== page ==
The most critical variable in all issues relating to holding people accountable is conscience. If leaders are uncomfortable, either on the discipline or reward side of accountability, it is probably because they have doubts about whether what they want to do is really fair. When in doubt they should ask why, they should interrogate what the voice in their head is telling them, before they act.
Counselling leaders to think before they act and listen to their conscience is sage advice when it comes to any one of the four leadership actions associated with holding people accountable – discipline, censure, praise, reward. In addition though leaders have found the seven guidelines below useful when tackling the accountability piece of caring for and growing their people.
1. Hold people accountable for what they have control over – their contribution not the result.
Hold people accountable for their unique contribution in the context of the results to be achieved; for what they have actually delivered which is of added value to somebody else. Hold people accountable for what they ‘give’ rather than what they ‘get’.
2. Hold people accountable against a standard for their intent.
Hold people accountable for their deliberate malevolence, carelessness, carefulness and for going the ‘extra mile’. In order to do so leaders need to ensure the following:
3. That people are held accountable for their own actions not for anyone else’s.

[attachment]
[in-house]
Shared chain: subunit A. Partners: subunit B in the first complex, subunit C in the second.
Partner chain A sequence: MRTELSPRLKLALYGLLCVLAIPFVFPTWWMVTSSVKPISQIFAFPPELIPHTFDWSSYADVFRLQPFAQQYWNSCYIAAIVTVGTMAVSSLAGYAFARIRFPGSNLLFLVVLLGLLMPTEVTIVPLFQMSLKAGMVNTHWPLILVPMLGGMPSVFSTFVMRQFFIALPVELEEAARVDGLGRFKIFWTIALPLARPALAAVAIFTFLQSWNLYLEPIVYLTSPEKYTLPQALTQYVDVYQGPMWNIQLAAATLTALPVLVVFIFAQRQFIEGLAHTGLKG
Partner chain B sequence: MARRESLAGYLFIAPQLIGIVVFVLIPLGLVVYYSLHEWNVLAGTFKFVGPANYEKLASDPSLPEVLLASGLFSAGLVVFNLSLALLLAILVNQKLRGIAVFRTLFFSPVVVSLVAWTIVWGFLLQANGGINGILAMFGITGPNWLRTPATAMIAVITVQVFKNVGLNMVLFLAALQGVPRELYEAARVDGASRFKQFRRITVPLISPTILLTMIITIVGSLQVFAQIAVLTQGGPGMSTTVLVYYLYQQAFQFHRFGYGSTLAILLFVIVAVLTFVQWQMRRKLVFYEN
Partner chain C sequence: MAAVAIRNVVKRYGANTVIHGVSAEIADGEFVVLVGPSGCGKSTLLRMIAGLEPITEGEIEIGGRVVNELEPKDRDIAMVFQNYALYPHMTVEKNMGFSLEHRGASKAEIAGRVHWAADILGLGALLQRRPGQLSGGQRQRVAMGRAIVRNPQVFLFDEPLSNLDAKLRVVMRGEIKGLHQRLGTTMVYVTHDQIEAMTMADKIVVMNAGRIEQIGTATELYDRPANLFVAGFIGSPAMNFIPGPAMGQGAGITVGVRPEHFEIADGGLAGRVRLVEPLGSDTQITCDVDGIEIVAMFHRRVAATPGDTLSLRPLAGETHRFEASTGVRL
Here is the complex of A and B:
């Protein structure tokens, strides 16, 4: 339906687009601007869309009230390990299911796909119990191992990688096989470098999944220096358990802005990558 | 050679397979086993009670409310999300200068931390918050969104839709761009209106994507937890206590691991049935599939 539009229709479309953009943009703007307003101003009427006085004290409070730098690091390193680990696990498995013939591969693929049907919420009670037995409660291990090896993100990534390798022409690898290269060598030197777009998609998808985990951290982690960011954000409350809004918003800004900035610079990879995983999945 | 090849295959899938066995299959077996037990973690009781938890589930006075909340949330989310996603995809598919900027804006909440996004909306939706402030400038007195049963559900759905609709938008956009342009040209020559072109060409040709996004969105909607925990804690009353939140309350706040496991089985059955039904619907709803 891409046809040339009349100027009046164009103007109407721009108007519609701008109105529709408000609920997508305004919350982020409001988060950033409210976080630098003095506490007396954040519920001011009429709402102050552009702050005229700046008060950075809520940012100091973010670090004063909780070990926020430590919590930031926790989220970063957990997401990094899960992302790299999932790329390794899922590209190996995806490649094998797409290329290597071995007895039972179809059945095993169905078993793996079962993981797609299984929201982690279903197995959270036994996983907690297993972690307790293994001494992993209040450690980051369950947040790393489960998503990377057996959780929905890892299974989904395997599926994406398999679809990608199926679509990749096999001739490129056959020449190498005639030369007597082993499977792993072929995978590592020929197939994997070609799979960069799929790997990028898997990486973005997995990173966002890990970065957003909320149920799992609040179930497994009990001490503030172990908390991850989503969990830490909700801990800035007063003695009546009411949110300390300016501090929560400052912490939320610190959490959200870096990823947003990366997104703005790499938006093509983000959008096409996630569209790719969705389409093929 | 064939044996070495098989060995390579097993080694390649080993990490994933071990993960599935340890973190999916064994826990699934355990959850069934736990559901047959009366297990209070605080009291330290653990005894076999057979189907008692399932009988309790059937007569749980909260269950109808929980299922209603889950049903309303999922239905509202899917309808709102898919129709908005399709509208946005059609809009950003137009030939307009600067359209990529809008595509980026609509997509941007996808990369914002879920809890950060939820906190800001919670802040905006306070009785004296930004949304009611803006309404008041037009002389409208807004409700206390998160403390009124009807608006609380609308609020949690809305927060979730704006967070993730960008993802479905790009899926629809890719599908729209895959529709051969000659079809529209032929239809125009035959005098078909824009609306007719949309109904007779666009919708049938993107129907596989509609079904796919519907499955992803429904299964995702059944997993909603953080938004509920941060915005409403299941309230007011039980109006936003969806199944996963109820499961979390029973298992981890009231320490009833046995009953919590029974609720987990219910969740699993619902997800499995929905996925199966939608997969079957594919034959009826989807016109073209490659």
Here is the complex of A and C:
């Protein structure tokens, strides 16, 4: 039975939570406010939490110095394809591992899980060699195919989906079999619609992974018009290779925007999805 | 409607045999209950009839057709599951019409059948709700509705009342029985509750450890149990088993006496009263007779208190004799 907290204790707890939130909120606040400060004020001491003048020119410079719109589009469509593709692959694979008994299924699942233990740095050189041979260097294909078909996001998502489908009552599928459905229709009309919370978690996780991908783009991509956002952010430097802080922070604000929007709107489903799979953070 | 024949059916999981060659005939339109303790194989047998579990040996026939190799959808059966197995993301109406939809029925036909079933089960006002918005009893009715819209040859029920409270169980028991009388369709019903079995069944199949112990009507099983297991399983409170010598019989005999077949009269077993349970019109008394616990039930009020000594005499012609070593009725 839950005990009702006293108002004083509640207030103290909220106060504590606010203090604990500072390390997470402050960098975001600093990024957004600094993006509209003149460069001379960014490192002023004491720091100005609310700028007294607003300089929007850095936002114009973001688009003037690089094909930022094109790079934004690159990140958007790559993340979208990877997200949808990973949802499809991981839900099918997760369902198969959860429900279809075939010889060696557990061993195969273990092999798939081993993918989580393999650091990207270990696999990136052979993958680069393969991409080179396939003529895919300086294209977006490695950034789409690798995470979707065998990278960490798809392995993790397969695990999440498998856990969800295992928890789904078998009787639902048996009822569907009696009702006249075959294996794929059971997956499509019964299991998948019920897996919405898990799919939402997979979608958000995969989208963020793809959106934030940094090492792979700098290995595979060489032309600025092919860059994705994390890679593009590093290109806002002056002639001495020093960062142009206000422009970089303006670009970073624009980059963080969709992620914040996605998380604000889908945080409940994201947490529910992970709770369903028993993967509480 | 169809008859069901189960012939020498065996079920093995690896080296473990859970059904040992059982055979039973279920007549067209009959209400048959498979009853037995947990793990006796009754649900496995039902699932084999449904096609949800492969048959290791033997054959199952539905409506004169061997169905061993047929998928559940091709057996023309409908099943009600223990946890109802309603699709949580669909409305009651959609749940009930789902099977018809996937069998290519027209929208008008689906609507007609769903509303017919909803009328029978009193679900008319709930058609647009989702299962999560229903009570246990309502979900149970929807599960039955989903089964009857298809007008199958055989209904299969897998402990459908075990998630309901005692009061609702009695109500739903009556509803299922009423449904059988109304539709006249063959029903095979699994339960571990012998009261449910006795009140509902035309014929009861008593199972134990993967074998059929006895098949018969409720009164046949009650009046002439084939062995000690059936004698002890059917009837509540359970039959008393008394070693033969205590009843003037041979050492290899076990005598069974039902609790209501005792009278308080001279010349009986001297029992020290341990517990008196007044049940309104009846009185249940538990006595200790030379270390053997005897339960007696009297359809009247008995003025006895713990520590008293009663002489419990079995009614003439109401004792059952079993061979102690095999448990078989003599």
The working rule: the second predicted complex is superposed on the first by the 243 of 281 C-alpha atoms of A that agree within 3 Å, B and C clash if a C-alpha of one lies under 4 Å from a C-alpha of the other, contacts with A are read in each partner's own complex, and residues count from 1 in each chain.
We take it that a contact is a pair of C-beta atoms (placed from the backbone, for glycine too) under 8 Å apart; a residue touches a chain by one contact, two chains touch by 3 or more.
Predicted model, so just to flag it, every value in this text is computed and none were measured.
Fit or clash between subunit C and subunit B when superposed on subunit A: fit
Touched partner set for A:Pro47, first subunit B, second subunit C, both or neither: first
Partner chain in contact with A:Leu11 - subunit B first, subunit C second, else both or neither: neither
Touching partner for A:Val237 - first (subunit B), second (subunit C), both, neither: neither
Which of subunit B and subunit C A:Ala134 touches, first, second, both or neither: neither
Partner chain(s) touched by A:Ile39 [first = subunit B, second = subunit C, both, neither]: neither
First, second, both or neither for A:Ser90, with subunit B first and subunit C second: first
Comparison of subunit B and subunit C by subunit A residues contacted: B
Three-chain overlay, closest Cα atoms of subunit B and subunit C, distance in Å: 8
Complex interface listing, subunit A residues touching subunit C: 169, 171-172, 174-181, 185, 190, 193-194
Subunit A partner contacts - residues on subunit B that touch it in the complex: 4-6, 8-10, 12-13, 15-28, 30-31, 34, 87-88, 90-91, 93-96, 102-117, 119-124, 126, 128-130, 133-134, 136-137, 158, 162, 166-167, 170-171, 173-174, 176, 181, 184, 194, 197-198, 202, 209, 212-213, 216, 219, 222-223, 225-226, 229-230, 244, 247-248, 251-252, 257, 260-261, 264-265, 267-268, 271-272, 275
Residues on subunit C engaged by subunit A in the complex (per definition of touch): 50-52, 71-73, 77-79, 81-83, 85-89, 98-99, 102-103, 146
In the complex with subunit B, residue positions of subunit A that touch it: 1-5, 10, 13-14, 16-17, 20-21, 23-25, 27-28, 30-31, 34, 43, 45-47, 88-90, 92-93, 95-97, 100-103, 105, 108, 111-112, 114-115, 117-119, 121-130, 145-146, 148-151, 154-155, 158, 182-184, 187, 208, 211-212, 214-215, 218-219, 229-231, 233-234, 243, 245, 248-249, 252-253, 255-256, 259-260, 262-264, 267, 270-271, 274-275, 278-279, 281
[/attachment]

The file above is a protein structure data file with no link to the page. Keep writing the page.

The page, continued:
People should be held accountable for what they deliver or do. This means that managers are not accountable for what is achieved by those who report to them but for what they achieve.
It also means that there is no such thing as ‘they made me do it’ (Adam is not off the hook for eating the forbidden fruit just because Eve told him to) or ‘they should have stopped me’ ( ‘I cheated but its not my fault – you didn’t put a monitor in the room to watch me’).
4. Those in leadership positions should be held primarily accountable for the calibre of their people.
Leaders should be held accountable mainly for the care and growth of their direct reports, because that is their job. They should be rewarded not for making themselves successful, or even making the business successful, but for making their people successful.
5. When there is a deviation from standard find out ‘why.’
People should be held accountable not for what they do but ‘why’ they do it. There is only ever three reasons ‘why’ there is a deviation from a standard. There is a Means ‘why’ (lack of tools, resources, time, authority and information), an Ability ‘why’ (in terms of know-how or know-why) or an Accountability ‘why’ (a matter of the will).
Only once people have the means and ability can they be held accountable. If they have the means and ability, they must be held accountable.
6. Replace control with accountability.
In practical terms replacing control with accountability means the following:
7. Don’t display prejudice or favouritism.
When holding people accountable leaders need to be cognisant of the fact that each situation is unique. They need to deal with the specific facts in front of them. They need to take each case on its merits, without bias or preconception.
There is no recipe for holding people accountable but when leaders operate within the above guidelines, they exponentially increase their appropriateness when they do so.